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1 of 2 people found the following review helpful
2.0 out of 5 stars the most awaited 4th album in the world, 27 July 2008
This review is from: The Weirdness (Audio CD)
its ...ok or is it ??
i fully except its not going to be raw power or funhouse I KNOW THAT !
the first 20 seconds i was still thinking this is it !! then you hear the lyrics and oh god its skull ring 2.
like the guy before says the ashetons are on great form iggy you let them down .lyrically its almost appalling
opinion = couldnt be arsed and no one had the courage to say iggy this is crap

the two stars are for the ashetons, Mike watt & steve mackay
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1 of 2 people found the following review helpful
5.0 out of 5 stars Stooged again!!!, 9 May 2008
This review is from: The Weirdness (Audio CD)
I anticipated this CD with trepidation!!! Don't know what i expected but it's Brutal, it's Dumb to a fault, brilliant stuff. No one could expect the Stooges to sound like they did 30 odd years ago. I've got older,so have they, the world has too. we've all learned new tricks and it's a great album for today. Worthy of the name - Shame it takes old hands to make decent records these days!!!
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6 of 10 people found the following review helpful
5.0 out of 5 stars What the HELL did you expect ?, 9 Mar 2007
This review is from: The Weirdness (Audio CD)
To be fair, I mostly agree with Andrew J. Stevenson's review (apart from the number of stars, right). But tell me what other band could reform 34 (I mean, THIRTY-FOUR !!!!) years after its last effort and still find the guts to give it a go. Well, these dudes have, and, in the case of being THAT Iggy Pop and THOSE Asheton Brothers, that's something.

Ok, "The Weirdness" is no "Fun House", nor it is a "Raw Power" Vol.2. But then again, what is ? Nirvana's "Nevermind" ? Well crafted pop songs with volume turned to 11. The White Stripes' "Elephant" ? A white blues tribute to guitar heroes. The Clash's "London Calling" ? A more than fine effort from a (brilliant nevertheless) bunch of American music fans who turn out to be punk's success story all by themselves. Let alone "Never Mind The Bollocks", "Exile On Main St." and (yes) even "Revolver".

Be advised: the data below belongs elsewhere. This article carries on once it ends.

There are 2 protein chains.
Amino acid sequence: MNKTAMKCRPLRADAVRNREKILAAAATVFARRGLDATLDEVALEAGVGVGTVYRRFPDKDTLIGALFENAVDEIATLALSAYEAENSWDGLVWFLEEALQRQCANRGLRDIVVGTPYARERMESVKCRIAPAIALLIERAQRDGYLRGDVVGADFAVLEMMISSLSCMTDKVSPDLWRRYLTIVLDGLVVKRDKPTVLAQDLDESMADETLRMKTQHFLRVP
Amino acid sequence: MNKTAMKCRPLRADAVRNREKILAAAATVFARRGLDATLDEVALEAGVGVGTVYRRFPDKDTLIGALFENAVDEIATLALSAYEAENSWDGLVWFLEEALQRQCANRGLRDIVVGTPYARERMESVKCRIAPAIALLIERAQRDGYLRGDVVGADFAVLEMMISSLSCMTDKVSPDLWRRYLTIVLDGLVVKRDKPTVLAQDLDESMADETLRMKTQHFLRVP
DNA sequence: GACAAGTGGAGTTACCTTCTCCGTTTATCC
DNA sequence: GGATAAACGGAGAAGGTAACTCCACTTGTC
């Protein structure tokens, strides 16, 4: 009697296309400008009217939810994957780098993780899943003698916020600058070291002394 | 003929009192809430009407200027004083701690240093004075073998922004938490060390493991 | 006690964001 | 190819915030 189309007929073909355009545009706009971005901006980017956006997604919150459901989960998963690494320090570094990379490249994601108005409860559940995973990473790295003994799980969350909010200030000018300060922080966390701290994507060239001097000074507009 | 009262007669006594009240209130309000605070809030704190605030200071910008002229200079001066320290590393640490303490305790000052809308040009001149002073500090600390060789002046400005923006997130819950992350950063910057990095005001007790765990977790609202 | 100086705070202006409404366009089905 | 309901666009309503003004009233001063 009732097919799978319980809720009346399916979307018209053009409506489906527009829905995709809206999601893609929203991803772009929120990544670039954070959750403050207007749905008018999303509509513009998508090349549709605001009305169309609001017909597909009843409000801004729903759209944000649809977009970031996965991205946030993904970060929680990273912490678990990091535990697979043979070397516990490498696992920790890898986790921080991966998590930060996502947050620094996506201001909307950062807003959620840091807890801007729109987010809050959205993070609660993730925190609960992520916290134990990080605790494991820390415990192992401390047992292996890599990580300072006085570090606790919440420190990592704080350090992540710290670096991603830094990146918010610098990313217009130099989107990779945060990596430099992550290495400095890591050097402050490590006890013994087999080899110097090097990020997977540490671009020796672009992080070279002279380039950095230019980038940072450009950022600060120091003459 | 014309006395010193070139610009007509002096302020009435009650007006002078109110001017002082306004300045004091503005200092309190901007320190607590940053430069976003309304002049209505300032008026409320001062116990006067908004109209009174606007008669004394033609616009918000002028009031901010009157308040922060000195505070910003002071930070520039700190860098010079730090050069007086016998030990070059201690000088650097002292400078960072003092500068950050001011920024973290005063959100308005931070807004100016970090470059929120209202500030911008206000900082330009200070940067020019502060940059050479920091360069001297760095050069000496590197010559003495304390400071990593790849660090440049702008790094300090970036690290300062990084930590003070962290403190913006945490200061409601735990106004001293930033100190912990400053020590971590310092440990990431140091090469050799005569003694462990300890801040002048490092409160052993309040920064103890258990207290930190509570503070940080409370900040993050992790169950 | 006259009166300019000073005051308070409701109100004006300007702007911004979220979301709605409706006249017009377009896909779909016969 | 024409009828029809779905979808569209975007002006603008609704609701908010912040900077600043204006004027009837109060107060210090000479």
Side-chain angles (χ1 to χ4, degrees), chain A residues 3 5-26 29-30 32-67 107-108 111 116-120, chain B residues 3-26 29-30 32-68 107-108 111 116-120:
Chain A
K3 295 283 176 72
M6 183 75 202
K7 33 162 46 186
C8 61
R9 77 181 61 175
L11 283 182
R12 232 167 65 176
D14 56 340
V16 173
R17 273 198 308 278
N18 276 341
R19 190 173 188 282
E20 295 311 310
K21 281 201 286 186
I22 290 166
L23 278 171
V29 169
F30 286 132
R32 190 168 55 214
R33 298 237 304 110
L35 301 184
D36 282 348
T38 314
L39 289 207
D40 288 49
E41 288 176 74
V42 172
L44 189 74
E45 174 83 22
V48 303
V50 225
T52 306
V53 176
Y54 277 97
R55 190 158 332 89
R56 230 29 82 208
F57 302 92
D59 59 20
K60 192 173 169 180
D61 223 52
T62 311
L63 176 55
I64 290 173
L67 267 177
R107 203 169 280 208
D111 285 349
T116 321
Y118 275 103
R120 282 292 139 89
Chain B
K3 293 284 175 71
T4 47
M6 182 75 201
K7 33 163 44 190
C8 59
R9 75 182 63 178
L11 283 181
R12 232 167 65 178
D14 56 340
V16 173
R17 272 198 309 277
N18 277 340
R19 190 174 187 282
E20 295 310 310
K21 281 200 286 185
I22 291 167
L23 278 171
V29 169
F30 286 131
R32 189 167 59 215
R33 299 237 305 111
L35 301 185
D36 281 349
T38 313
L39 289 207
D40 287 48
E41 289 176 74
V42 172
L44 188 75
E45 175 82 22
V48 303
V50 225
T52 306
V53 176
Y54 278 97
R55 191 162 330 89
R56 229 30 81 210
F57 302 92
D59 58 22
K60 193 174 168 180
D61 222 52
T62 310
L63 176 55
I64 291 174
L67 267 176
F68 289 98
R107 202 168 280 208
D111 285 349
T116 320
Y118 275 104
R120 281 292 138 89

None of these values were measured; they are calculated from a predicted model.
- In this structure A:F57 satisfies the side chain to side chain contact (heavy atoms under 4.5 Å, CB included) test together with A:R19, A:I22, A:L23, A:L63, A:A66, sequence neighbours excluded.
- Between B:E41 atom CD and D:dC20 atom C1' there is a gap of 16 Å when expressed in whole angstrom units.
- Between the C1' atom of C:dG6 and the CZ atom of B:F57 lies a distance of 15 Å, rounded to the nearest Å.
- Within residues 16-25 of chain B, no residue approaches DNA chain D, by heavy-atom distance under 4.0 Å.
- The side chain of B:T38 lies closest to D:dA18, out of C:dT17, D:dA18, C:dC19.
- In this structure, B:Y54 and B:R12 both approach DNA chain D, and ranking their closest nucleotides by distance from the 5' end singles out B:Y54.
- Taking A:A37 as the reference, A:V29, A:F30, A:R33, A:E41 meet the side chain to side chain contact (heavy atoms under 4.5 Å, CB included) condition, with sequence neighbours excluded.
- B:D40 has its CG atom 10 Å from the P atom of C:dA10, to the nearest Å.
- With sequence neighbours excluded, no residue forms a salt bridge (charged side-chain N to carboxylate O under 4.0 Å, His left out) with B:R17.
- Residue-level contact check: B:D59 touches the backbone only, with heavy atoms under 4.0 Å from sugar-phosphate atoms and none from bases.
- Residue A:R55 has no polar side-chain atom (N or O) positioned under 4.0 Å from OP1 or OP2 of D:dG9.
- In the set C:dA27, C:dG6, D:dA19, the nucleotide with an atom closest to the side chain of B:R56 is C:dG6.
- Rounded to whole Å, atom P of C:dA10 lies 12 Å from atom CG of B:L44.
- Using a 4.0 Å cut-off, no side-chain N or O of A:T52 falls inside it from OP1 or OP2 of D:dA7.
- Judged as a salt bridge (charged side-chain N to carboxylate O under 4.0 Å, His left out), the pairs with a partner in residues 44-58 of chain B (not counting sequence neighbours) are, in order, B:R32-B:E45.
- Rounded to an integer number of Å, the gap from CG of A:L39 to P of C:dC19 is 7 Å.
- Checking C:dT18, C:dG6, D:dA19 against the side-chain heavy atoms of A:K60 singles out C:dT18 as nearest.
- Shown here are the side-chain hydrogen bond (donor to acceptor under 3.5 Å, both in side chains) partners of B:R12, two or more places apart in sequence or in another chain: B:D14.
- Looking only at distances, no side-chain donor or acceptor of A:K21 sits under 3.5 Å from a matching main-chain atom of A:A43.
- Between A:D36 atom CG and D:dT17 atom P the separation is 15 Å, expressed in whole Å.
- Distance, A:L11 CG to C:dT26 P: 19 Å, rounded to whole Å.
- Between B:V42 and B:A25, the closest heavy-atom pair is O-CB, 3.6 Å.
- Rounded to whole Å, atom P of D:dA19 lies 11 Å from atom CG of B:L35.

Just for tracks like "My Idea Of Fun", "She Took My Money" or "The End Of Christianity", this output is well worth the wait (which is about my age, by the way). So Ok, this release won't change anyone's life the way the first three Stooges LPs did. But I just wish that most current interesting bands (Arcade Fire, TV On The Radio, Little Barrie or The Kills to name a few) could grow up THAT good.

To be honest, I don't believe it at all.

"The Weirdness" is a big slap in the face of formated rock music and a tiny reminder of a spirit gone, bashed by merchandising and customer policies.

Once again, STOOGES FOREVER.

Peace.
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8 of 13 people found the following review helpful
5.0 out of 5 stars stooges my A***, 16 Mar 2007
This review is from: The Weirdness (Audio CD)
Just buy it , its a million times better than ANYTHING around at present.

Just good old feelgood high energy( 60 years old????) bluesy rock. What more do you want , look at the other CACK is out there , i mean get real . We have to get rid of the other talentless tosh that says its ROCK, so buy this instead OK MAN.
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0 of 1 people found the following review helpful
3.0 out of 5 stars Close, But No Cigar, 12 Mar 2009
By 
N. T. Procter (London) - See all my reviews
(REAL NAME)   
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This review is from: The Weirdness (Audio CD)
Having been a huge fan of Iggy Pop and The Stooges for over 35 years, I had high hopes of this album, although it was unlikely to ever be as good as their first 3 albums and Metallic KO.

Although it is not as bad as some reviewers have suggested, I really can't justify giving it more than 3 stars, when comparing it to their earlier work, or I would be doing prospective purchasers a disservice.

The reason it lacks the instant appeal of their earlier work is twofold; firstly, because it lacks ambition and tries to recreate the past and secondly, Steve Albini's production job, which is not his best work.

However, it's still worthwhile and compares favourably to many comtemporary albums, but there is a lack of memorable guitar riffs and Iggy's lyrics are unimaginative and repetitive.

I couldn't help feeling that this could have been a much better album, if it had been produced by a more creative producer like Rick Rubin (rejected on grounds of cost and Iggy's impatience about his availability), Brian Eno, or John Cale, to name but a few alternatives.

Albini is first and foremost an engineer, but he is not an ideas man and it shows here, with most tracks being overpowered by Scott Asheton's drums, to the detriment of Ron Asheton's fretwork. Iggy's voice also sounds uncharacteristically thin and strained at times, yet concerts of the same period and later show his voice has lost little of it's power.